Because of those restrictions, Doc Rivers says the biggest benefits to attending school come off the court.
"I believe in college, not for the basketball, but because going helps you grow and mature as a person, which in turn helps you as a basketball player," the Celtics coach says. "As far as playing, you'll learn in the NBA because that's all you do. But in college you learn how to grow up."
Then again, the one-and-dones in the era of the NBA age minimum often have the appearance of just passing through. First-round prospects this year like Jrue Holiday, B.J. Mullens and DeMar DeRozan weren't stars in college (Mullens only started two games), yet their draft stock was roughly the same as it would have been if they'd entered The League straight out of high school.
"Special kids are special," Vaccaro says. "They don't need to go to Duke and Carolina and UCLA to become that way."
Vaccaro says his hero is Nick Bollettieri, who created the first elite tennis boarding school in the country. His protégés include Grand Slam winners and legends like Andre Agassi, Maria Sharapova, Boris Becker, Monica Seles and Martina Hingis. Vaccaro says if he had the money, he would create a similar academy for basketball. With classes during the day and practice and weight training at night, it would be more in line with the European model.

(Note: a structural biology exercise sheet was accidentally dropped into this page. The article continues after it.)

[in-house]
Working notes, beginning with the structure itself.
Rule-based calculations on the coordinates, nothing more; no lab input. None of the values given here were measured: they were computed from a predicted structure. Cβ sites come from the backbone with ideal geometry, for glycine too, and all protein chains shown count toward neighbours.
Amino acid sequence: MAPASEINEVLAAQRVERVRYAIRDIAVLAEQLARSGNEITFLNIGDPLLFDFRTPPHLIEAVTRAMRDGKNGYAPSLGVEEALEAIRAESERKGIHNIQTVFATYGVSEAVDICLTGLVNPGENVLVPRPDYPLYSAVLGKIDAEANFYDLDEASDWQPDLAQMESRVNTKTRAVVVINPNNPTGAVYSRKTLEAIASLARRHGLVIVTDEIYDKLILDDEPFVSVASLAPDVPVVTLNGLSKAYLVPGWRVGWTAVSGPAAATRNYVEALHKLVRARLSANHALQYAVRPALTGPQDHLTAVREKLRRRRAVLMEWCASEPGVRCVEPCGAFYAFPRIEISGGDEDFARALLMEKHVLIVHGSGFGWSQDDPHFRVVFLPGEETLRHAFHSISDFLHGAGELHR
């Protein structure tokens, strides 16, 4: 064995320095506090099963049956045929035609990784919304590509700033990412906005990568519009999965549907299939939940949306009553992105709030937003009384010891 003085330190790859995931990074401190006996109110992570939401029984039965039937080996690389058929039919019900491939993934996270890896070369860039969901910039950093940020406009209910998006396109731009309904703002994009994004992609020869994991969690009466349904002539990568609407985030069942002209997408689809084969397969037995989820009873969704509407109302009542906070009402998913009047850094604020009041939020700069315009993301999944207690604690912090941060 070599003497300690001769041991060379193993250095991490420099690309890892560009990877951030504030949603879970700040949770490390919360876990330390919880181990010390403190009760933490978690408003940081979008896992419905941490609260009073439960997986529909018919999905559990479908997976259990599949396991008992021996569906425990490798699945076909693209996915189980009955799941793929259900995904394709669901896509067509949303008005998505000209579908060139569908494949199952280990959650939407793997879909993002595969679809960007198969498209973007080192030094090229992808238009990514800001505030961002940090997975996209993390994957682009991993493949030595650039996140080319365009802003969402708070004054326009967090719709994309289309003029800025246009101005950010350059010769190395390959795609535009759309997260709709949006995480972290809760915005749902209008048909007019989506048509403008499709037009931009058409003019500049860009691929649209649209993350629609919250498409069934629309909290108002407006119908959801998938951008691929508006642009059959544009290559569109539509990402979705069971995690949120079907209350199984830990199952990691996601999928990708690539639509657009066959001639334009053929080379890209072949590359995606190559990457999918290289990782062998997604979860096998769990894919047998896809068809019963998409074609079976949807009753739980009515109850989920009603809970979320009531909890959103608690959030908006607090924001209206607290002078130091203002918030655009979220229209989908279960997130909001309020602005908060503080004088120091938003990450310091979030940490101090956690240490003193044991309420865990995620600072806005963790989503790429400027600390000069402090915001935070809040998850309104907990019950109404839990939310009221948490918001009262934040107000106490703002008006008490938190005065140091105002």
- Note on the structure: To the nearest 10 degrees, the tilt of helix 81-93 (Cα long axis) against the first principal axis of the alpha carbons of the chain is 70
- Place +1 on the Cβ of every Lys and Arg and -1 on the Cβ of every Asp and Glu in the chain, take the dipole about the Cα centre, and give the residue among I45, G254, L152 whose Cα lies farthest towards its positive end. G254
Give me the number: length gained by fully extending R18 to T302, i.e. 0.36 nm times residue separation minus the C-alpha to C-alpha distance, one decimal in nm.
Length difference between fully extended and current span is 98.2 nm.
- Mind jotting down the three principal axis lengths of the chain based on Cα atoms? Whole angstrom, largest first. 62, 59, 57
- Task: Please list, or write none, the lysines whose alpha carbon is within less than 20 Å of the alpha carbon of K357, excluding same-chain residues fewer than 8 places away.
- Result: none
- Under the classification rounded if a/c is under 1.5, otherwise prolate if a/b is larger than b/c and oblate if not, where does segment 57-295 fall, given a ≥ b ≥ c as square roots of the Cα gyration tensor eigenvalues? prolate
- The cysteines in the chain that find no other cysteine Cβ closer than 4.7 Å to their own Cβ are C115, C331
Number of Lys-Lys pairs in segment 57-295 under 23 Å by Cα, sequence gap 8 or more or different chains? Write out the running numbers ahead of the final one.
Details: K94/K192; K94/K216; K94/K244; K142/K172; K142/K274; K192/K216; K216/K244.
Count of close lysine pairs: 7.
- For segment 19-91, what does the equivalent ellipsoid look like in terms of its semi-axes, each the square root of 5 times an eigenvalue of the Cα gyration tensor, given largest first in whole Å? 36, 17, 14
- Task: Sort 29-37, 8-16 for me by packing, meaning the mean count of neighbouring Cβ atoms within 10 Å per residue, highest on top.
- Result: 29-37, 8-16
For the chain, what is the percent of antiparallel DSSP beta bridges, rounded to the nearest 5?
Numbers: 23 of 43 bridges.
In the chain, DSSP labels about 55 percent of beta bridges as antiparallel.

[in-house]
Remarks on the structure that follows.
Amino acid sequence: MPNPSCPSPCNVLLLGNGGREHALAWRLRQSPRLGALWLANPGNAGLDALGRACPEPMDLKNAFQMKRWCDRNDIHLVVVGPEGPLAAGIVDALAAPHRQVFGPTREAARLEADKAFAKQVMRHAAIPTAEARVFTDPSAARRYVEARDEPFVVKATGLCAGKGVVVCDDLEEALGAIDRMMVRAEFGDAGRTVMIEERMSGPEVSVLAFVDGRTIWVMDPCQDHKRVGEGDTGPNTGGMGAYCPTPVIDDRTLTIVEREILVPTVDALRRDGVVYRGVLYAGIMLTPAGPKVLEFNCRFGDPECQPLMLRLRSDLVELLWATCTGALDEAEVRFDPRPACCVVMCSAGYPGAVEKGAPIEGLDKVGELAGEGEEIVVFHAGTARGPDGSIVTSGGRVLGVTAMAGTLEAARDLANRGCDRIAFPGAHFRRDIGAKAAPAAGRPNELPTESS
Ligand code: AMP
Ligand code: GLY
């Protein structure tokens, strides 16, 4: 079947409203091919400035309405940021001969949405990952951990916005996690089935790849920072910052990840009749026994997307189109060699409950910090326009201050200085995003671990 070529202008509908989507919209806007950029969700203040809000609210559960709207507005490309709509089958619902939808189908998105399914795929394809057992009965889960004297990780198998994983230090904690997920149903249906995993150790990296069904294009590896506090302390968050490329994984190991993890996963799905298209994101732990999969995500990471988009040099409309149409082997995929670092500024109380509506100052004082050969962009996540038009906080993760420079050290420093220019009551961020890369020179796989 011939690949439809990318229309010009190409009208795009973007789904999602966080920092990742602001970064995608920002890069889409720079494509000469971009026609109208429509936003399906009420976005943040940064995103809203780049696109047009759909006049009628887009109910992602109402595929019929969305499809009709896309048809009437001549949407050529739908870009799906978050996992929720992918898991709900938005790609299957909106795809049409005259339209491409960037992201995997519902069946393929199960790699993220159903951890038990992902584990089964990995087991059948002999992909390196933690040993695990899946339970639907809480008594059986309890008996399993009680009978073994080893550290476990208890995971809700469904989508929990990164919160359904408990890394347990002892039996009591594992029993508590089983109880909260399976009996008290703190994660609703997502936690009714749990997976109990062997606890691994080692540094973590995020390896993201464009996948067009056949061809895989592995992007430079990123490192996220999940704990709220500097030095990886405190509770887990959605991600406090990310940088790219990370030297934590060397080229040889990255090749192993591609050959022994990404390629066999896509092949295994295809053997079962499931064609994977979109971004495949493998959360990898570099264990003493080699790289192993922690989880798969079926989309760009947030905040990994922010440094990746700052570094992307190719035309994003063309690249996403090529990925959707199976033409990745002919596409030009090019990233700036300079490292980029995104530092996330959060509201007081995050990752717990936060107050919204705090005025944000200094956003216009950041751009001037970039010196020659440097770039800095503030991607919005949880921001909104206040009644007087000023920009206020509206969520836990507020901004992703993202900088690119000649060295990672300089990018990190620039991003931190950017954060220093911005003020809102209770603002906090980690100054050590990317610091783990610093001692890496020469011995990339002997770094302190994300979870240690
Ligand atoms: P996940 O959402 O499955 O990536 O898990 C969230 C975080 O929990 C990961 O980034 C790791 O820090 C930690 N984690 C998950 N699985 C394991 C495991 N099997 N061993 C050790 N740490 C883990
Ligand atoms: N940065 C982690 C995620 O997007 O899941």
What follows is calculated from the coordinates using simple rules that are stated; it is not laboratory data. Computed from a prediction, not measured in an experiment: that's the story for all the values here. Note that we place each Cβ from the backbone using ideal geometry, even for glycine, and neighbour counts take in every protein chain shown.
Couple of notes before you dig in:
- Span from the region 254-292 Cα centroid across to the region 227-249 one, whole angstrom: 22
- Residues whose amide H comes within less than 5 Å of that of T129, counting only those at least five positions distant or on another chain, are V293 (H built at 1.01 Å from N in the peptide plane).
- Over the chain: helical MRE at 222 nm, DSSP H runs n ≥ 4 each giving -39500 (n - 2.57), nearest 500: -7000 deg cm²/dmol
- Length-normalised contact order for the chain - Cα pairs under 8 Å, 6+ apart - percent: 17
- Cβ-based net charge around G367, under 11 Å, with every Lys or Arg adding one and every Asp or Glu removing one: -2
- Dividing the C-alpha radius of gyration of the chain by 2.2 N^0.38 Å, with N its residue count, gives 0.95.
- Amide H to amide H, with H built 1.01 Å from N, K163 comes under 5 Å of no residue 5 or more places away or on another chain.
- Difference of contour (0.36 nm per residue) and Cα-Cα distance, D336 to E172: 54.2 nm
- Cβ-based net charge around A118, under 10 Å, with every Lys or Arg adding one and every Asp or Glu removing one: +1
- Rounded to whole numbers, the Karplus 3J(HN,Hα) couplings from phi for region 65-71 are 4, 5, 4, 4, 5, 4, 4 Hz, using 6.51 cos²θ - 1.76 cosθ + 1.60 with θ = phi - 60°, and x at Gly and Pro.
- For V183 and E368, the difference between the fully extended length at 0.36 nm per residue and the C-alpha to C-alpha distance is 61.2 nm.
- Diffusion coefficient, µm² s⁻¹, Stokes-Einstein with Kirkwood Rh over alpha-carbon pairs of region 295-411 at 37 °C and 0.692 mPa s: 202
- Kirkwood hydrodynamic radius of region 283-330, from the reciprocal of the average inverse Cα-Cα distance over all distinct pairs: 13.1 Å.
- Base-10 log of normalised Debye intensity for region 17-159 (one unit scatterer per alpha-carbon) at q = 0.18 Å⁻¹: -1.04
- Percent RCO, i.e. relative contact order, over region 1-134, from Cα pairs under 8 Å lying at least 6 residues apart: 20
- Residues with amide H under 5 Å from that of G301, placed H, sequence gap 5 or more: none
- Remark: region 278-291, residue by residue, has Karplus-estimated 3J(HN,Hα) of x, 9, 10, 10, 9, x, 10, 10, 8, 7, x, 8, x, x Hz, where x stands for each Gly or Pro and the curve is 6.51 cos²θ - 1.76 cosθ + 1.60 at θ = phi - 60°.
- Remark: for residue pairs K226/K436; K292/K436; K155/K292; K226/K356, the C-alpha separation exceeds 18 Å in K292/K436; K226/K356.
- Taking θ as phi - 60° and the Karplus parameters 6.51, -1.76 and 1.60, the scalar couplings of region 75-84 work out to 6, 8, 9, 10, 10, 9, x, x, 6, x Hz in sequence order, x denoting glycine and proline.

It's an idea at least one of today's top prospects can get behind.
"I think it would be really interesting if they could put an academy together," Austin Rivers says. "You could have everyone work and grow together."
His father, meanwhile, likes the idea in theory but doesn't think it's practical.
"There are just too many players," the Celtics coach says.
Fraschilla favors something modeled after baseball, where kids can go pro out of high school, but if they enter college they must stay for three years (or until they're 21). But until that's the case, he sees nothing wrong with Tyler getting paid to play overseas -- an approach that's produced some of the game's biggest stars.
"The system is good enough for Dirk Nowitzki, Manu Ginobili and Tony Parker," Fraschilla says. "Why can't it be good enough for a kid from San Diego or Brooklyn?"